Mamata, G8 ban cast shadow on Indo-Russian nuclear deal

December 18, 2009 12:33 am | Updated November 17, 2021 10:48 am IST - New Delhi

Russian President Dmitry Medvedev and Prime Minister Manmoham Singh enter a hall during their meeting at the Kremlin in Moscow on December 7, 2009. During Singh's visit India and Russia inked several agreements including a nuclear deal.

Russian President Dmitry Medvedev and Prime Minister Manmoham Singh enter a hall during their meeting at the Kremlin in Moscow on December 7, 2009. During Singh's visit India and Russia inked several agreements including a nuclear deal.

Indian officials put on a brave face earlier this year when the G8 decided to ban the sale of enrichment and reprocessing (ENR) technology to countries that had not signed the NPT, insisting the resolution was not binding and that members of the rich nations club remained free to sell sensitive nuclear items to India.

But when negotiations to finalise a broad-based nuclear compact with Russia were held in Delhi earlier this month, all attempts by the Indian side to include ENR items and technology in the areas of cooperation envisaged by the new agreement drew a firm nyet from the visiting delegation. “Russia’s hands are tied because of the G8 decision,” they told the Indian negotiators.

The matter was eventually resolved by introducing permissive language on ENR in Article 6(3) of the India-Russia inter-governmental agreement, allowing for the transfer of sensitive nuclear technology and facilities and components of such facilities pursuant to a subsequent agreement. The language is roughly similar to what Article 5(2) of the India-U.S. ‘123 agreement’ says except for using the imperative ‘shall be transferred’ instead of ‘may be transferred’ when referring to ENR items.

In separate interviews to The Hindu , Russian and Indian officials said the negotiations were complicated by the assurance Russia’s deputy Prime Minister Sergei Sobyanin gave National Security Adviser M.K. Narayanan in Delhi early November that Moscow had no objection to including ENR within the ambit of cooperation. Mr. Sobyanin was not familiar with Russia’s policy on the matter and was unaware of the implications of the G8 commitment, Russian officials said. When the Indian side raised this assurance during the negotiations, Nikolai Spassky, deputy head of Rosatom, said the Russian Foreign Ministry insisted ENR transfers were not possible under Moscow’s new commitments.

Though the text was frozen late on December 2, Mr. Spassky sent a fax to Delhi two days later — less than 48 hours before Prime Minister Singh was to fly to Moscow — requesting, at the instance of the Russian foreign office, that the word “shall” be changed to “may” in the sentence dealing with future ENR transfers. The Russian Ministry also had last minute objections to the IGA’s ‘non-hindrance’ clause — which, it felt, granted legitimacy to India’s military nuclear sector. That is why there was uncertainty on the Indian side over whether the agreement would be initialled during Dr. Singh’s visit, with Foreign Secretary Nirupama Rao striking a guarded tone at her departure-eve briefing. In the event, the Russian side backed off, but only after the Prime Minister raised the matter with President Dmitry Medvedev, Indian officials said.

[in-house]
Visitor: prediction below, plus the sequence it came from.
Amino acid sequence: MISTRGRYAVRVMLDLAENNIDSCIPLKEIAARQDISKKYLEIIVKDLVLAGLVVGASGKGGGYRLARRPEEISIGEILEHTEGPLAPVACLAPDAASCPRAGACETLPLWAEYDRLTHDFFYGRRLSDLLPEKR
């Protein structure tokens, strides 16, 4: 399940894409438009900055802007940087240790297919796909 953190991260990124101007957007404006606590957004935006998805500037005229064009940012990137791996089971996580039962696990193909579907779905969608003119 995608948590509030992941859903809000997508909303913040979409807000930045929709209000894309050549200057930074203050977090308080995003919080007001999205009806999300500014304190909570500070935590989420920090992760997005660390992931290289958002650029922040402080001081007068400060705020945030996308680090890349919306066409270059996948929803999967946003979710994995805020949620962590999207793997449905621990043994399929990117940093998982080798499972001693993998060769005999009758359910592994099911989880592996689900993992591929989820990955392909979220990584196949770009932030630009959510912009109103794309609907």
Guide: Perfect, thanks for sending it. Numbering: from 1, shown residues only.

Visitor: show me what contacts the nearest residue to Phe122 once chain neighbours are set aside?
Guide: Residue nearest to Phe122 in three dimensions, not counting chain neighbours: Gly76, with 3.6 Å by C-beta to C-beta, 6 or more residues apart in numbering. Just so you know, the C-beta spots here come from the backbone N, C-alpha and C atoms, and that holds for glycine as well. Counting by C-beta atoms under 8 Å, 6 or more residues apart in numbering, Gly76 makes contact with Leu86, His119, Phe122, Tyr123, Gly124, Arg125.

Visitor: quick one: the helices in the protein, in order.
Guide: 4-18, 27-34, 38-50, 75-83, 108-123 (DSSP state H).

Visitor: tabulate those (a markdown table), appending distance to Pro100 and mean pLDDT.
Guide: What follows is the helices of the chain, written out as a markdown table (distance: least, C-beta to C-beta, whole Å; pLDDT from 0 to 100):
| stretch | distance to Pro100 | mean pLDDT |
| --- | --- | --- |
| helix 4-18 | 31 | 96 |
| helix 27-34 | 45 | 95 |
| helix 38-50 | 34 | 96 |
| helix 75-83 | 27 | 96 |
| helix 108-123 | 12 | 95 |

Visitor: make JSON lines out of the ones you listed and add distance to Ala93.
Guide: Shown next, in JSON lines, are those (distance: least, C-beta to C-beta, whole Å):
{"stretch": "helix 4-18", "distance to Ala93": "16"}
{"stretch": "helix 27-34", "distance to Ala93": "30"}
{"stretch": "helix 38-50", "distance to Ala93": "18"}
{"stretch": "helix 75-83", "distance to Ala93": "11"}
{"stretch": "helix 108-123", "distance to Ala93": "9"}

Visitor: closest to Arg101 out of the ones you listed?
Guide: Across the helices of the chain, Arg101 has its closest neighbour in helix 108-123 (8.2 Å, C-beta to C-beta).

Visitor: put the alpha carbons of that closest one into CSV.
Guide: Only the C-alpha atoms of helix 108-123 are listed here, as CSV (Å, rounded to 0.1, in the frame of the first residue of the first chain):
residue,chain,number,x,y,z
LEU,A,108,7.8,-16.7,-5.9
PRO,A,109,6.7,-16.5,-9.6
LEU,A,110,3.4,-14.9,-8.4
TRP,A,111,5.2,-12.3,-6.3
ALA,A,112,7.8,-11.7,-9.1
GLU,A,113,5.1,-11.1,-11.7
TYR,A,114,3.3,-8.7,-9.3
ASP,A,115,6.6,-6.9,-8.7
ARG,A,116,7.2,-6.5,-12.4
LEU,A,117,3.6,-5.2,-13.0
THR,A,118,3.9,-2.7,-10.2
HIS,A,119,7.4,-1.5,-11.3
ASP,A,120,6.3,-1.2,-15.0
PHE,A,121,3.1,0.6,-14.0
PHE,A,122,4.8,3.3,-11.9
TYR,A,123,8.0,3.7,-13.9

Asked whether India might have had better luck on the ENR front with Russia had the agreement been concluded before the G8 summit at L’Aquilla this July, Russian and Indian officials said it was difficult to say. In fact, work on the IGA draft began this January. But with the Ministry of External Affairs blissfully unaware of the contents of the Nuclear Suppliers Group’s November 2008 ‘clean text’ banning ENR sales to non-NPT states, New Delhi did not accord the proposed agreement the sort of priority it deserved given persistent American attempts to restrict sensitive nuclear technology sales to India.

Russian officials said that if Delhi could not get everything it wanted out of the new agreement, Moscow too was disappointed by one aspect: the choice of Haripur in West Bengal as the site for the four additional Russian reactors India has committed to buy.

With Mamata Banerjee opposing land acquisition there, Rosatom feels poorly done by. “The best sites have been earmarked for American companies,” a Russian official said. He added that Haripur is on India’s east coast and could be vulnerable to tsunamis. According to him, when Mr. Spassky expressed a desire to visit the site earlier this year, the Department of Atomic Energy advised against it, saying it would “not be safe” because of local opposition. “As you can imagine, that did not make the Russian side feel very reassured about the choice of Haripur.”

0 / 0
Sign in to unlock member-only benefits!
  • Access 10 free stories every month
  • Save stories to read later
  • Access to comment on every story
  • Sign-up/manage your newsletter subscriptions with a single click
  • Get notified by email for early access to discounts & offers on our products
Sign in


Comments have to be in English, and in full sentences. They cannot be abusive or personal. Please abide by our community guidelines for posting your comments.

We have migrated to a new commenting platform. If you are already a registered user of The Hindu and logged in, you may continue to engage with our articles. If you do not have an account please register and login to post comments. Users can access their older comments by logging into their accounts on Vuukle.